[Designers on Design Part II]: For the WeChat Generation, Saigon Mama

In an ongoing series to discover the thoughts and meanings that go into the visuals of Shanghai's restaurants and bars, CreativeHunt visits Saigon Mama this week to talk about what happens when branding meets interior design.

You can check out last week's Designer on Design Part I: The Nest

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Saigon Mama: A Collaboration Between Branding Agency and Interior Design Firm

 

Saigon Mama started off with maybe the worst location you could get: a nook in an underground parking garage with no windows. Yet they have turned it into a growing chain with location in Shanghai and Beijing. They're a case study in what happens when a branding agency, the people who do the menus and logo and all that soft stuff, works together with an interior design company from the start, and how that collaboration works.

Ben Weldon, Thread

So I spoke to Ben Weldon, the owner of branding agency Thread (Shanghai Brewery, Sproutworks, Mercedes) and Mike McGirr, a partner at Red Design, a large agency that does a lot of chains (Element Fresh, PizzaExpress) as well as one-off projects like Highline and the new T8.

On market research and building a back story:

McGirr: This client had already done the research and knew where he was going with the project. So we brought in Thread, to check that the brand research and strategy was on point: targeting white collar workers in Grade A office buildings. And then, would this Vietnamese noodle concept work, what would it have to look like, what are people willing to pay.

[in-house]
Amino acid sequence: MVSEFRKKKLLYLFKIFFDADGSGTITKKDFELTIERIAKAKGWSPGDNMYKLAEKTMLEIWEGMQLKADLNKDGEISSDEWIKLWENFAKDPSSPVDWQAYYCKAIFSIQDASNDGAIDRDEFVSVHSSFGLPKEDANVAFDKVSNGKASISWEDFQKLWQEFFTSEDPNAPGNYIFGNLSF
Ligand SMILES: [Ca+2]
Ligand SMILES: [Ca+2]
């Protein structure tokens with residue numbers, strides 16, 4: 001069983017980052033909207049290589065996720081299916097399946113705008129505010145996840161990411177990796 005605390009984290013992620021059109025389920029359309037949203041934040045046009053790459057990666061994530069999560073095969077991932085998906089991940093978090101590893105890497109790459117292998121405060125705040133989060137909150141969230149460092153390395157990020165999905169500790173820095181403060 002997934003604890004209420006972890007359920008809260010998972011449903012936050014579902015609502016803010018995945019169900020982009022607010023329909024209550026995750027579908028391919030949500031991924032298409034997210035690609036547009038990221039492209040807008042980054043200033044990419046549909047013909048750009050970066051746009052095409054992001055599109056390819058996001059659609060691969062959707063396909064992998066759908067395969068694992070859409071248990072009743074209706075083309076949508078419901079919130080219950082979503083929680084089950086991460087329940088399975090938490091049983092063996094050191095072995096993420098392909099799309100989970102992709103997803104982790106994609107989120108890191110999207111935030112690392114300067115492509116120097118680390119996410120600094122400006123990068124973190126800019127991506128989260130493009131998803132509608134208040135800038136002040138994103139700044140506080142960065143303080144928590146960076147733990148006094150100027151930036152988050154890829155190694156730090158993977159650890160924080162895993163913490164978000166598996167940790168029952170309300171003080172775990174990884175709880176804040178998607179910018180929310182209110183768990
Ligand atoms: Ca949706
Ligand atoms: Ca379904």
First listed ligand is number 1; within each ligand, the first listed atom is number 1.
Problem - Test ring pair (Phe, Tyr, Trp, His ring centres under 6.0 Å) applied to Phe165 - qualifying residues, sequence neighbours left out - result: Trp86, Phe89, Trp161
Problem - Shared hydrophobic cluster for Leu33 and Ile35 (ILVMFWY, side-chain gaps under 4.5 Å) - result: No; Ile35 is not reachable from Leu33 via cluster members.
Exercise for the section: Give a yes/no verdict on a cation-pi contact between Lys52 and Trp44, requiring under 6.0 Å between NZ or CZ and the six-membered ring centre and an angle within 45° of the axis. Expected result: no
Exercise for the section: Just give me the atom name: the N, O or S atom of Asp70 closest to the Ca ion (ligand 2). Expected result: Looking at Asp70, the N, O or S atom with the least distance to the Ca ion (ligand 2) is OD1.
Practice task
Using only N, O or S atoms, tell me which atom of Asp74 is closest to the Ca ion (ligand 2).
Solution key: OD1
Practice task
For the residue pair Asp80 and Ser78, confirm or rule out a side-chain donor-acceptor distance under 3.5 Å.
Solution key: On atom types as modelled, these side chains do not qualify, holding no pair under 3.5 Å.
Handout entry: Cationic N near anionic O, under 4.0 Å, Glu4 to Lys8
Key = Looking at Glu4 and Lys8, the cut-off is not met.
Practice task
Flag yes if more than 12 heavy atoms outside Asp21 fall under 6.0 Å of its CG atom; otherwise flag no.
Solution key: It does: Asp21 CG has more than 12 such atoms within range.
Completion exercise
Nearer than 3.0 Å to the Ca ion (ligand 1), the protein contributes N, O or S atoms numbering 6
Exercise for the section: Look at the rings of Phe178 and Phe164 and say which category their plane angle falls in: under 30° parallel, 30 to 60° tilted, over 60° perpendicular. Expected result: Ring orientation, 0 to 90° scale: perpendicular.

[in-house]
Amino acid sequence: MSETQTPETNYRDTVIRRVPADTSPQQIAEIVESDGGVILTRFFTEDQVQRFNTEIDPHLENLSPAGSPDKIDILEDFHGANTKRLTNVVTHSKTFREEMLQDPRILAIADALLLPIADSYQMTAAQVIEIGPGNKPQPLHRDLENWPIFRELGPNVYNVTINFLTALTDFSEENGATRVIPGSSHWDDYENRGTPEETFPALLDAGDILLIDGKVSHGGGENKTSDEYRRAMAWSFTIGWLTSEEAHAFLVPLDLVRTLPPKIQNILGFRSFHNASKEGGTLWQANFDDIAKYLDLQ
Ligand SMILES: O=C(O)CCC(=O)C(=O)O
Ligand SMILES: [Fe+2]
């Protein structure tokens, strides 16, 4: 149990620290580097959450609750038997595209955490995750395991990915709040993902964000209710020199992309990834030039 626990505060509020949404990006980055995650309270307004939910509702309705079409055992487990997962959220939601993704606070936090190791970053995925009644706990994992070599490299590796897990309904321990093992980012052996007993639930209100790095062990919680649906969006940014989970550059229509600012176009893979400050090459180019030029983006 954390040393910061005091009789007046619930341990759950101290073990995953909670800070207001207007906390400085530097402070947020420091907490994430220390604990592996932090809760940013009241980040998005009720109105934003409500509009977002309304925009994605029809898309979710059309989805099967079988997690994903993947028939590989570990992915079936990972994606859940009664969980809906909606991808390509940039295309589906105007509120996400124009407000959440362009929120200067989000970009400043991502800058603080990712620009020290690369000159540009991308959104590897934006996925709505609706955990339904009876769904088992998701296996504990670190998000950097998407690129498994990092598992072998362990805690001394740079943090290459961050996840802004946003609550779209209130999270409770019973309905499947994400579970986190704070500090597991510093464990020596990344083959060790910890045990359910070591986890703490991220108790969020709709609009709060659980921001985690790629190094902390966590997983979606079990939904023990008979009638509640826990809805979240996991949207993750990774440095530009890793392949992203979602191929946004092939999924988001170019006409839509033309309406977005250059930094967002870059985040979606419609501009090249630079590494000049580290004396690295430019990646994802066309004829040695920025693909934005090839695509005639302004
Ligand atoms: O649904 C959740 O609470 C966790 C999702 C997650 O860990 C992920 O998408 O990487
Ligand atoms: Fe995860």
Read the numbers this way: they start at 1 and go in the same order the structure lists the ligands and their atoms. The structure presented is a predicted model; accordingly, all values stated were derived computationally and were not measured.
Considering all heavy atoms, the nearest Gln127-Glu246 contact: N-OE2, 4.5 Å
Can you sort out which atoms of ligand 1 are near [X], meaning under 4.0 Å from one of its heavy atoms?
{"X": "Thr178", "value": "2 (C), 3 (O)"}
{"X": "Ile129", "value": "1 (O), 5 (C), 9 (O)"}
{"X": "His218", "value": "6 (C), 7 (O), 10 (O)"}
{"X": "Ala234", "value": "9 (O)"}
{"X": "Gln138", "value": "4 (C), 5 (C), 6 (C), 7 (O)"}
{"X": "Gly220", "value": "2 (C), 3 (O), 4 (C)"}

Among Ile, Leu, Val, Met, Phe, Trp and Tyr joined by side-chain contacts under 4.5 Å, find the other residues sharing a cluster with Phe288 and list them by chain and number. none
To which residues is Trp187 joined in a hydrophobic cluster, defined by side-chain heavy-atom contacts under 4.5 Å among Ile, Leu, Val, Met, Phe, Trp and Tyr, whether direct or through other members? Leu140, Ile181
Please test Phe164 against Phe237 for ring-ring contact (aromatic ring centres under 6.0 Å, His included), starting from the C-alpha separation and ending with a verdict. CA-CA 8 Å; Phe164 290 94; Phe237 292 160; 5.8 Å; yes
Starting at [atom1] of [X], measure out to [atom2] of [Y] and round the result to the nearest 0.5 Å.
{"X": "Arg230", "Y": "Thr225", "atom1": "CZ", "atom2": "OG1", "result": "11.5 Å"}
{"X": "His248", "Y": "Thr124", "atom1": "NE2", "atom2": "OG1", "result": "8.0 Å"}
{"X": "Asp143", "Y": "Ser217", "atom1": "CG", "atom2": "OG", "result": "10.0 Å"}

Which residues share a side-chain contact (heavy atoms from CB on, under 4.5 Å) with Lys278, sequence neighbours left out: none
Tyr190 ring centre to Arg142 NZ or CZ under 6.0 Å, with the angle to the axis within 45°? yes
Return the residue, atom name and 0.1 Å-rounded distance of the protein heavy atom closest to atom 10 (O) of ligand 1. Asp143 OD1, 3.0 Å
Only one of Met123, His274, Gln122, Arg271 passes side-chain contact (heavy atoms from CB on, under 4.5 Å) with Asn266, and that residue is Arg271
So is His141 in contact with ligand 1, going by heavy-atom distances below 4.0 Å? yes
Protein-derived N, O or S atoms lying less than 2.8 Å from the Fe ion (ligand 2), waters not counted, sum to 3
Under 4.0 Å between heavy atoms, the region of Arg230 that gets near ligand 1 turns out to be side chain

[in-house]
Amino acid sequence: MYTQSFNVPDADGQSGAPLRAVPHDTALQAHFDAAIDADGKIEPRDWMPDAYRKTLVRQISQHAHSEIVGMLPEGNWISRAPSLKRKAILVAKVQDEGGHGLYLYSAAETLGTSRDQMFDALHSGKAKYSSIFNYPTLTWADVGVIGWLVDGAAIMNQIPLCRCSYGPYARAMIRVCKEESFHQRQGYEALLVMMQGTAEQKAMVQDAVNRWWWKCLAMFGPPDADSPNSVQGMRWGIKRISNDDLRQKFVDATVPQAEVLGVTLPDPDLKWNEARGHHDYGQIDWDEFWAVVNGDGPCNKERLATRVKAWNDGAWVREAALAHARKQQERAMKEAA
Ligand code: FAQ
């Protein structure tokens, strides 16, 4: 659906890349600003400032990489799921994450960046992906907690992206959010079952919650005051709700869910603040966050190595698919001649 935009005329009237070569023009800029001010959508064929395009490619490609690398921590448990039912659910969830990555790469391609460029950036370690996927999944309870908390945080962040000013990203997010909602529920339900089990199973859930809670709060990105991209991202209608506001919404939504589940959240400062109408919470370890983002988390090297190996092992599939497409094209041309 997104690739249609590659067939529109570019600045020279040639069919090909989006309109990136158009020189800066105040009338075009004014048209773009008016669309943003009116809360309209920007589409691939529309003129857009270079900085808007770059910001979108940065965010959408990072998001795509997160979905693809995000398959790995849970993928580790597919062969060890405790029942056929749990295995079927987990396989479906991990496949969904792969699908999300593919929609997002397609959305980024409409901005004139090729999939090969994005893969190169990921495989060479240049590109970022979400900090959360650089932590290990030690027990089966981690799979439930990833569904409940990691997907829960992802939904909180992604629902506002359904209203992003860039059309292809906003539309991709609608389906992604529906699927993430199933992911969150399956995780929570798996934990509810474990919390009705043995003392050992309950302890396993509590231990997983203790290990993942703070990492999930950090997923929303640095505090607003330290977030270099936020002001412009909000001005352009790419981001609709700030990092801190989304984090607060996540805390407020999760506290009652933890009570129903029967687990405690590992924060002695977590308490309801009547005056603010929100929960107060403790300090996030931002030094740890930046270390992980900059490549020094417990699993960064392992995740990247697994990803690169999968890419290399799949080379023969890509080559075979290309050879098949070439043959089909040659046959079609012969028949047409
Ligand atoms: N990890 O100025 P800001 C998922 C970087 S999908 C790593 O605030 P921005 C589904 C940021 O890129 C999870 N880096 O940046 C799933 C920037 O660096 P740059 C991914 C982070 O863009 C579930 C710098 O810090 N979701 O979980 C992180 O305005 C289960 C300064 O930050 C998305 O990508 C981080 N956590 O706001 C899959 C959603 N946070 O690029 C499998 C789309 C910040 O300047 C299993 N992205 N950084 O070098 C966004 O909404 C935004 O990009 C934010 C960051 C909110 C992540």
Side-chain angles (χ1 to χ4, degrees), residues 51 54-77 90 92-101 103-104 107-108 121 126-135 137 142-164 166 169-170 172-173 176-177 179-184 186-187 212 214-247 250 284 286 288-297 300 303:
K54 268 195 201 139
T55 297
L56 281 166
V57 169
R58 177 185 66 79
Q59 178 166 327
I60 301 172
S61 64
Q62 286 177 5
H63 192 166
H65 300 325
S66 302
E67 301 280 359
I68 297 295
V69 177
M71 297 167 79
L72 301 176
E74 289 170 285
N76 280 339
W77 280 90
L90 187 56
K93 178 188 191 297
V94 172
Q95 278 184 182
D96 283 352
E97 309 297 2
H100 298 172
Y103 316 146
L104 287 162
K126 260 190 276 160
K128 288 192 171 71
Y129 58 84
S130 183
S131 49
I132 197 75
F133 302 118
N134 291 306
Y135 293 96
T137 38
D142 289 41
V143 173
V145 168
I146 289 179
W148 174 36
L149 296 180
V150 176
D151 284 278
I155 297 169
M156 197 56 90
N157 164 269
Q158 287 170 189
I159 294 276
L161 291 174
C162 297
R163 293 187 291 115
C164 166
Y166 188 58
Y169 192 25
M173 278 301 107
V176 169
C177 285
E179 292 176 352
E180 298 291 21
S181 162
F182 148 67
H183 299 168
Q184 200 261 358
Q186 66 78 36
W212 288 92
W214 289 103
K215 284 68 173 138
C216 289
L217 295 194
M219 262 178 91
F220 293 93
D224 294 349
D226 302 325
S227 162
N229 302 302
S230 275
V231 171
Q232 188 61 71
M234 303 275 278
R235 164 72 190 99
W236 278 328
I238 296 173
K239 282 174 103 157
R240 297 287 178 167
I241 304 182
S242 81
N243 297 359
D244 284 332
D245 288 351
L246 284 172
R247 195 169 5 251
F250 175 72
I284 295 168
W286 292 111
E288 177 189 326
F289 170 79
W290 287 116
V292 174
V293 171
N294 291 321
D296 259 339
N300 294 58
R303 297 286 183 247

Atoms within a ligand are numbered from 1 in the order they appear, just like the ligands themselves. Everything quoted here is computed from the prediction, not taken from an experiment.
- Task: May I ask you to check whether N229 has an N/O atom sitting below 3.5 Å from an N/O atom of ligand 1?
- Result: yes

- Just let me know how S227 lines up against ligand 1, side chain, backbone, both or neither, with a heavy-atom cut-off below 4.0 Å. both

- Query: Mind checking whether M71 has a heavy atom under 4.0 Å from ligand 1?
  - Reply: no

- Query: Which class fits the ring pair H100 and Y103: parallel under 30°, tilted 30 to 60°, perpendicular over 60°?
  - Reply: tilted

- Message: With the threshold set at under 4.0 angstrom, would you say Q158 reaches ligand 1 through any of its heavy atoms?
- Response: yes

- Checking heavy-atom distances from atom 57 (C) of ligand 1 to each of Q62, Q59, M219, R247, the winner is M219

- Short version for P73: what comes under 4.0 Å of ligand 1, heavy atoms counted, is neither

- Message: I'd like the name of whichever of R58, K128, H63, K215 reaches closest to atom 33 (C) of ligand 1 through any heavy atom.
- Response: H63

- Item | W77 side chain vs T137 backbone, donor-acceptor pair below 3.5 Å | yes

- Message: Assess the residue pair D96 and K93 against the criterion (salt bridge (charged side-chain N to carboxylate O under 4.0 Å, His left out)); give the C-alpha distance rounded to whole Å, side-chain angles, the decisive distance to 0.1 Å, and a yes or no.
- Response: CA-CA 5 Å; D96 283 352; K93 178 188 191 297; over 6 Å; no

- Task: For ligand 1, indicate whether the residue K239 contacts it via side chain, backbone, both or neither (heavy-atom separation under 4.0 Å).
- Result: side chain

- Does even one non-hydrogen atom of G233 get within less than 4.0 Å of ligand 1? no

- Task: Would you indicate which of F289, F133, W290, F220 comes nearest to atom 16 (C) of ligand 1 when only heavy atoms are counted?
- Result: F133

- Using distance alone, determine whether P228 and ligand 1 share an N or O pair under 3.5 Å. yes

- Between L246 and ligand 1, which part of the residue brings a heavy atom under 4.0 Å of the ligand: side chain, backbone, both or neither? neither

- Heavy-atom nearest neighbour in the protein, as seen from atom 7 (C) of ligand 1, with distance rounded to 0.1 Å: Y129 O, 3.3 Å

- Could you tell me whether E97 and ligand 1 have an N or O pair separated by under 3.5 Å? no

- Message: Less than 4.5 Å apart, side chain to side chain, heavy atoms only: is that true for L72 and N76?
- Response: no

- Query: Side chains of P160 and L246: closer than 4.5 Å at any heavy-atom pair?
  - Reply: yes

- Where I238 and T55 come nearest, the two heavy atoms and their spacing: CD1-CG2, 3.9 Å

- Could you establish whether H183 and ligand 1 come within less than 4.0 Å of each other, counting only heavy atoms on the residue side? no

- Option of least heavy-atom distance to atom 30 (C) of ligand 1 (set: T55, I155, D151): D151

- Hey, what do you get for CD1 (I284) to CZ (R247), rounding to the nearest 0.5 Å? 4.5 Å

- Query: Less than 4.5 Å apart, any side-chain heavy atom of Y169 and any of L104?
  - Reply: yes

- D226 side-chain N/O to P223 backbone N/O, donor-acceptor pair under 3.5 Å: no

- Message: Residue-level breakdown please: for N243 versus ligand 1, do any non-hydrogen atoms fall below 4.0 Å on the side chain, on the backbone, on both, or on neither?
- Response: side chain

Weldon: We had to build up the story behind Mama. What type of "Mama" was she going to be? Like this big fat old lady? A cute Vietnamese mama? We settled on today’s mom but when she was young, so a cool girl in her early 20s riding a vintage motorcycle – this would be the early 1980s. Once we had that down, we searched for food packaging from that era and came across a couple photographs of billboards that had advertisements for rice, fish sauce, other sauce brands, and we used their fonts and type and colors as the source for all of our design.

Mike McGirr, Red Design

On colors and gender:

McGirr: Our meetings with the client were run separately in the beginning but once it gets to visual identity, then we would both be in the meeting. So the branding agency would be showing options for logo design, and what the key colors of the design are going to be, and we are there asking how’s that going to work in the interior? This is when we settled on the tiffany blue and the orange the core brand colors. That’s when the interior design starts kicking off.

McGirr: The client’s idea was that in order to be successful, you need to hit a white collar target, and that’s generally led by the female customers. The guys just follow. It’s kind of semi-true. So the tiffany blue is a feminine, strong color.

On collaborating through the project:

Weldon: Designing all the visual identity, menus and things like that, we had to work backwards with Mike. Red would come to us with, say, a certain color of French tile that they wanted to use, so then we’d go back and change our palette so that the branding would match the tile…

McGirr: Once you have three or four blues in the design, keeping that consistent is the most difficult challenges. There’s only so many colors a local supplier can do. Other restaurants sort of cheap out, and they either pay for the branding and try to do the interior themselves, or with a freelancer, or vice versa. I don’t think it’s a coincidence that the client went through the process correctly. Saigon Mama is rammed in every location they have.

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Stay tuned for next week as we pick at other talented and creative minds behind even more venues!